I don't normally post this late on Friday nights, but tonight was special, not only because it was a blockbuster night and I got to watch a classic, "Shaka Zulu", but because I once again almost puked at seeing more Mainstream Media liberal bias. I've posted about this topic once before in July, and it led to a pretty good debate. Let's see what reaction I get this time. It all began after my African warrior marathon when I decided to check out the web for some scoop. I ran across this article in WorldNetDaily. In this revealing piece, one can see first-hand how ABC news correspondent, Dean Reynolds, in a live interview from the Houston Astrodome so blatantly loaded his questions as he asked some New Orleans evacuees about their thoughts on President Bush's speech yesterday evening. To Mr. Reynolds' surprise, and dismay every single evacuee thought quite highly of the President's remarks and plan. After several attempts to get a negative answer from these evacuees he was stumped. It's quite hilarious. You must read the transcript and see the video for yourself.

    After reading the article and watching the video, I then went to the ABCnews Hurricane Katrina coverage website in order to see if ABC had followed up this story. What did I find on the thoughts of evacuees after Bush's speech? Well, let's just say Dean's video didn't make the cut. I found one single article entitled, "Viewers Skeptical Over Bush Speech". In this pathetic, putrid example of journalism, six people were interviewed that absolutely hammered Bush again and again, and then, finally, two small, yet positive quotes were kind of thrown in almost carelessly at the end- (Kind of like you do when you get a couple of pennies back for change, but really don't want to keep them, so you put them in the little "give-a-penny-take-a-penny" tray for some other patron to use).

    Yeah, and ABC wonders why nobody watches them anymore. On that note, if you still do watch these guys, why don't you do yourself a favor and head to the local Ringling Brothers and Barnum and Bailey circus to get your clown fix there instead. Anyways, clowns are creepy. Last I heard, Bozo was dead and haunting people. But who knows? Maybe Dean Reynolds and his 12 mini-me sidekicks will jump out of their ABC company Ford Pinto (as it bursts into flames) to come to the rescue of their circus and finally redeem the American clown image. I think he may even make quite the Ronald McDonald.

    Here's the transcipt... (I highlighted the loaded questions)

    "I'd like to get the reaction of Connie London who spent several horrible hours at the Superdome. You heard the president say repeatedly that you are not alone, that the country stands beside you. Do you believe him?"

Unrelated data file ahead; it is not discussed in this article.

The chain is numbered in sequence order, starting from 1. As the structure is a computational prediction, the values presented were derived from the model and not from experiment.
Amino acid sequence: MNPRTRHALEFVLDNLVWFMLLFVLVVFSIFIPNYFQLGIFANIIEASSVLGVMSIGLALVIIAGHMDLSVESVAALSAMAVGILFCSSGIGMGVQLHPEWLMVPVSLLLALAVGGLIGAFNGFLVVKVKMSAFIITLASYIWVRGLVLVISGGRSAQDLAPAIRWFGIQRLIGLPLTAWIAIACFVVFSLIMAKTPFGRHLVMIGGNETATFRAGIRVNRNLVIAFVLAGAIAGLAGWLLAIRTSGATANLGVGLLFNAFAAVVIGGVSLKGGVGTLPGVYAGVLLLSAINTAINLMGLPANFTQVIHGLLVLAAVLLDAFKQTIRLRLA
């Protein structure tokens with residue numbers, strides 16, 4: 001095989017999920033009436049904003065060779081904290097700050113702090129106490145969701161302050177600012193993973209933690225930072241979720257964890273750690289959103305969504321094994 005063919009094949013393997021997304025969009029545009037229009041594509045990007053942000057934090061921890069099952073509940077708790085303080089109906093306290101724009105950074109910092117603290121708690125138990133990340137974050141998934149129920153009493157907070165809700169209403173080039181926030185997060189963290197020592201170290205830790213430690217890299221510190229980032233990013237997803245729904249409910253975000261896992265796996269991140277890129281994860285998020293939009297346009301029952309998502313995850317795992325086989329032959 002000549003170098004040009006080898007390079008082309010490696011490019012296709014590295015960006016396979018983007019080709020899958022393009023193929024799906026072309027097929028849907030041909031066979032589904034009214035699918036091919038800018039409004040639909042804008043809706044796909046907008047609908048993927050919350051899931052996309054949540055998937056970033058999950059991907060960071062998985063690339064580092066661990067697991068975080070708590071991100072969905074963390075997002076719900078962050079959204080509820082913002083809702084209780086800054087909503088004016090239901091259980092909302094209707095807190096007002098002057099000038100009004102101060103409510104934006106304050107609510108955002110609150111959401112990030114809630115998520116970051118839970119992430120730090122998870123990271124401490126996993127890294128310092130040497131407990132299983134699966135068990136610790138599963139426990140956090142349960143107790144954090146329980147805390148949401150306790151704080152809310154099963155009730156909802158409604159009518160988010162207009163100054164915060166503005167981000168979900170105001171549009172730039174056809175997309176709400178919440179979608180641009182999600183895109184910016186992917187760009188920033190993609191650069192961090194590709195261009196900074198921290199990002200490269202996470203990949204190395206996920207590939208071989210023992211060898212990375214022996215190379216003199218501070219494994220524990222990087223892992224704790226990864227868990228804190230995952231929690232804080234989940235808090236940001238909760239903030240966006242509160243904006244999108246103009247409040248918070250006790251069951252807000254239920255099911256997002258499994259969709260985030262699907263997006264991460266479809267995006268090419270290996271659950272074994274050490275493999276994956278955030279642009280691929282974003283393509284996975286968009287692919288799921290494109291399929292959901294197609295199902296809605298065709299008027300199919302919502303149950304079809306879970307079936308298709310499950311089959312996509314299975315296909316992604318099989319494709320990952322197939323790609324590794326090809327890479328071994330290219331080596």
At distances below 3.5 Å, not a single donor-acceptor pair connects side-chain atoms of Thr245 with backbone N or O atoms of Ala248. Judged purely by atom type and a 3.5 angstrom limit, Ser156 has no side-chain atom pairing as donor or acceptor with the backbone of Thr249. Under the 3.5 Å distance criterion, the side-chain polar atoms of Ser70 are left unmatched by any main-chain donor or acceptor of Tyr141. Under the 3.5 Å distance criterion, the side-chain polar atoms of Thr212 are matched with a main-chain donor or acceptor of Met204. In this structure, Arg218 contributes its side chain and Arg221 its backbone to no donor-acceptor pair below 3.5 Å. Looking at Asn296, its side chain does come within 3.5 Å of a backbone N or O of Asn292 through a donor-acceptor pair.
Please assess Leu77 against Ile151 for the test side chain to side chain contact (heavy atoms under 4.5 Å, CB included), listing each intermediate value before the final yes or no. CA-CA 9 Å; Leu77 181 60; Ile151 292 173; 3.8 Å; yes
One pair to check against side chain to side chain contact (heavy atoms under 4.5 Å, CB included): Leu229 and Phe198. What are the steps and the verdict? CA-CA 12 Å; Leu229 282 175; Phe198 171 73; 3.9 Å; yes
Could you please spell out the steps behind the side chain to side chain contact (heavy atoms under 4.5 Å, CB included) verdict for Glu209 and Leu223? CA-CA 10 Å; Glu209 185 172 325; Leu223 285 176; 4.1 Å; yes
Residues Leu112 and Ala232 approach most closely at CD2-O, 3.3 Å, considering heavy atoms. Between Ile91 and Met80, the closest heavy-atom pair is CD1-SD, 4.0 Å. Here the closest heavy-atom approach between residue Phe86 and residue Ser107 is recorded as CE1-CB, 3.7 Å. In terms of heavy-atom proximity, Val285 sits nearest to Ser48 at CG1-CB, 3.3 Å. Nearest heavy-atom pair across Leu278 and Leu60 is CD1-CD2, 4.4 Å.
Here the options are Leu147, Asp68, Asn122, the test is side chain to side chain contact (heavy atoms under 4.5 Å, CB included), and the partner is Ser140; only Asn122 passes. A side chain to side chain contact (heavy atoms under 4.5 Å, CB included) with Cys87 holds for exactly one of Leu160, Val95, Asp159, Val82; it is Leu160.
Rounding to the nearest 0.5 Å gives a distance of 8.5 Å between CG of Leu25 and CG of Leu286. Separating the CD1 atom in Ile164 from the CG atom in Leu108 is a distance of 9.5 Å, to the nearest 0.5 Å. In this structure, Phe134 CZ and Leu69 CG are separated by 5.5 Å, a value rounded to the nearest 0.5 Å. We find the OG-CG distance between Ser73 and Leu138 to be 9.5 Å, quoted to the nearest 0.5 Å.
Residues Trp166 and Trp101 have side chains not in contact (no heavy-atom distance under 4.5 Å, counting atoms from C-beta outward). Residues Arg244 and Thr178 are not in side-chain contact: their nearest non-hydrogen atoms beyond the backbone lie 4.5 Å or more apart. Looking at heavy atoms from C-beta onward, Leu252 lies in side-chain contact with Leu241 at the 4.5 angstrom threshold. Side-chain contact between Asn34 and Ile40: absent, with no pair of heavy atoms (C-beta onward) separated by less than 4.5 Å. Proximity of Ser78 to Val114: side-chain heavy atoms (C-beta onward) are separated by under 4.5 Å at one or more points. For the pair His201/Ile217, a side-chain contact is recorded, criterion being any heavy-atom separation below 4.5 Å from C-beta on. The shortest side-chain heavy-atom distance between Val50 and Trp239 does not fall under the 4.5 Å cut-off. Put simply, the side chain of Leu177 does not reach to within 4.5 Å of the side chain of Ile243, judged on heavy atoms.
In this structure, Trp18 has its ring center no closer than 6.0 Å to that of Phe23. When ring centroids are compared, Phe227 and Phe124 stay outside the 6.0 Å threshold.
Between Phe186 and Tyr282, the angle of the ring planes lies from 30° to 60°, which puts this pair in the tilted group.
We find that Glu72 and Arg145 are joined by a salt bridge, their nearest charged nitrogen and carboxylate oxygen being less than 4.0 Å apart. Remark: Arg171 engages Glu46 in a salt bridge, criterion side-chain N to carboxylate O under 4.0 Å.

Connie London: "Yeah, I believe him, because here in Texas, they have truly been good to us. I mean-"

    Reynolds: "Did you get a sense of hope that you could return to your home one day in New Orleans?"

    London: "Yes, I did. I did."

    Reynolds: "Did you harbor any anger toward the President because of the slow federal response?"

    London: "No, none whatsoever, because I feel like our city and our state government should have been there before the federal government was called in. They should have been on their jobs."

    Reynolds: "And they weren't?"

    London: "No, no, no, no. Lord, they wasn't. I mean, they had RTA buses, Greyhound buses, school buses, that was just sitting there going under water when they could have been evacuating people."

    Reynolds: "Now, Mary, you were rescued from your house which was basically submerged in your neighborhood. Did you hear something in the President's words that you could glean some hope from?"

    Mary: "Yes. He said we're coming back, and I believe we're coming back. He's going to build the city up. I believe that."

    Reynolds: "You believe you'll be able to return to your home?"

    Mary: "Yes, I do."

    Reynolds: "Why?"

    Mary: "Because I really believe what he said. I believe. I got faith."

    Reynolds: "Back here in the corner, we've got Brenda Marshall, right?"

    Brenda Marshall: "Yes."

    Reynolds: "Now, Brenda, you were, spent, what, several days at the Superdome, correct?"

    Marshall: "Yes, I did."

    Reynolds: "What did you think of what the President told you tonight?"

    Marshall: "Well, I think -- I think the speech was wonderful, you know, him specifying that we will return back and that we will have like mobile homes, you know, rent or whatever. I was listening to that pretty good. But I think it was a well fine speech."